VA Tech will settle with families

VA Tech will pay out $100,000 to each of the families of the victims of the shooting under a settlement proposed by the Commonwealth of Virginia.

I’m of mixed feelings on this; on the one hand I don’t really get what the families would have sued for, expecting the school to actually provide for the safety of every student is so foolish that I don’t even know where to begin.  On the flip side, I want Virginia Tech to admit that they’re liable in this situation, but not for the same reasons that a lot of people would think.

I think that schools and business should be held liable if they create a zone in which law-abiding citizens are deprived of their right to defend themself, I don’t think that VA Tech should be held liable for not being able to magically place a cop in every classroom.  Hence my mixed feelings.



  1. I totally agree that schools and businesses that deny people thier right to self defense should be held almost as accountable as the crazy who commits the attack. But I also believe that any government who denies it’s citizens the right to self defense, and threatens them with felonies for carrying the tools to defend themselves should also be held liable.

  2. While I agree with you that businesses and institutions should be held liable for disarming anyone who visits them, I put it on the same timeline as loosening restrictions on automatic weapons. No jury will currently uphold the former, and no legislature will pass, nor any current court force, the latter.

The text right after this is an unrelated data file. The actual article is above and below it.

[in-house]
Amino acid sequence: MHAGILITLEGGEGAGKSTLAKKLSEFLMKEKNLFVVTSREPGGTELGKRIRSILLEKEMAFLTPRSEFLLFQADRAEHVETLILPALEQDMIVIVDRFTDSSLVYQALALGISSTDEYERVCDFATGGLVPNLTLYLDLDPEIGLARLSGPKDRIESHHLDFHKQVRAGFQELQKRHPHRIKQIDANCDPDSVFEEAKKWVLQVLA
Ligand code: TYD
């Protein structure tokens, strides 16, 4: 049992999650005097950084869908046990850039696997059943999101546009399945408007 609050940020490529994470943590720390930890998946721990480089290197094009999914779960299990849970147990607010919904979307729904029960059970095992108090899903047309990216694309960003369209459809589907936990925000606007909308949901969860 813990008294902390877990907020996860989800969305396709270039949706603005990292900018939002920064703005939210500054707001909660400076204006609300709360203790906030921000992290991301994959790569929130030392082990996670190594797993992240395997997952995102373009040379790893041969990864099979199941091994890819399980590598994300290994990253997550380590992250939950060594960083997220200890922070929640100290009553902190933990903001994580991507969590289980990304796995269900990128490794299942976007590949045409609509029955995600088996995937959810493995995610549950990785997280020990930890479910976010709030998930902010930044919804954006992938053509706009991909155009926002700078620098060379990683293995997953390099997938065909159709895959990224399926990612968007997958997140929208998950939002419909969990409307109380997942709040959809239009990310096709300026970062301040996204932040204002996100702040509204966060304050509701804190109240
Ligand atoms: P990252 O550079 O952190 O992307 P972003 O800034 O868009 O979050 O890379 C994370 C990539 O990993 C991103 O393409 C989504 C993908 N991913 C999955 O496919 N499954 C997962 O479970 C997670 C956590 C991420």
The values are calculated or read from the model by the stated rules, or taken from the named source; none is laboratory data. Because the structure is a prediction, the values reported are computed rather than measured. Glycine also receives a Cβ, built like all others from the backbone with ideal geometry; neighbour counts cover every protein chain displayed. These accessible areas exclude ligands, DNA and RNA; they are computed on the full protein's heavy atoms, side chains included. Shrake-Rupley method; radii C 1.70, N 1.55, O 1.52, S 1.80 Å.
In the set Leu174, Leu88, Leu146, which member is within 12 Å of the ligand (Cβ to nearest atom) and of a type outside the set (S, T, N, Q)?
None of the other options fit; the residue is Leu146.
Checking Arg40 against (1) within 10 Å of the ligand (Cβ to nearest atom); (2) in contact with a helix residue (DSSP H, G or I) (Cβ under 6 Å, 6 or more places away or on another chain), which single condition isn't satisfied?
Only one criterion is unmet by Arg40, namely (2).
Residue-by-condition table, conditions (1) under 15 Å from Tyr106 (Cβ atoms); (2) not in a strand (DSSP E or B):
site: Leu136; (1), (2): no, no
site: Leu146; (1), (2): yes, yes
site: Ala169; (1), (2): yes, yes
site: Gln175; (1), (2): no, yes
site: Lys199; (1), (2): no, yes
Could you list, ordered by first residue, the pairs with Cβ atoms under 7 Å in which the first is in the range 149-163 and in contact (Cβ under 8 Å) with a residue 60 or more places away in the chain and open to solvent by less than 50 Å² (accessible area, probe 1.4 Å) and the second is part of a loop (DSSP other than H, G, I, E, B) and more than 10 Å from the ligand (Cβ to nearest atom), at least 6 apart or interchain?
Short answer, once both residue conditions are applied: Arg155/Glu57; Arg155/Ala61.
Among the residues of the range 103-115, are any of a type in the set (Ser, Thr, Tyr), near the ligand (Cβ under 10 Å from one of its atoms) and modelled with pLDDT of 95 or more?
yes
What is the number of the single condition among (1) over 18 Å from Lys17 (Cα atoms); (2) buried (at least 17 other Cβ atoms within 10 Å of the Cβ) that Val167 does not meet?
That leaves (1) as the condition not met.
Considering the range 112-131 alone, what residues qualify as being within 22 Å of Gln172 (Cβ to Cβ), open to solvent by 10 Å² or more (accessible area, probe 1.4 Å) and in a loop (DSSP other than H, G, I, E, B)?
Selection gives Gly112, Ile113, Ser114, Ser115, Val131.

3. I suspect that a big weakness on the part of VA Tech in its defense of a liability lawsuit will be for the victims in Norris Hall.

    Remember that the campus cops, upon finding the first two victims, assumed it was domestic and made no effort to investigate any alternatives. Granted, campus wide crazed killer isn’t likely to be anyone’s first guess, but they didn’t explore any possibilities after they learned the girl’s boyfriend (who went to Radford) was a gun owner. Needless to say, they were wrong.

    I have held a rather unpopular view that it was an instance of less than stellar police work. Few cops I know well would presume anything and be so sure in an initial assessment of the situation without someone being caught red handed that they wouldn’t have called for some kind of lock down or further campus-related investigation. (In fact, they didn’t even lock down the dorm until half an hour after they were on the scene and 45 minutes after the first shooting.)

    If they called for a campus-wide lock down earlier in the year when a jail escapee who was possibly armed was reported just in the area of the campus, it baffles my mind as to why they didn’t take some sort of precautionary measure when they had two confirmed homicides on campus.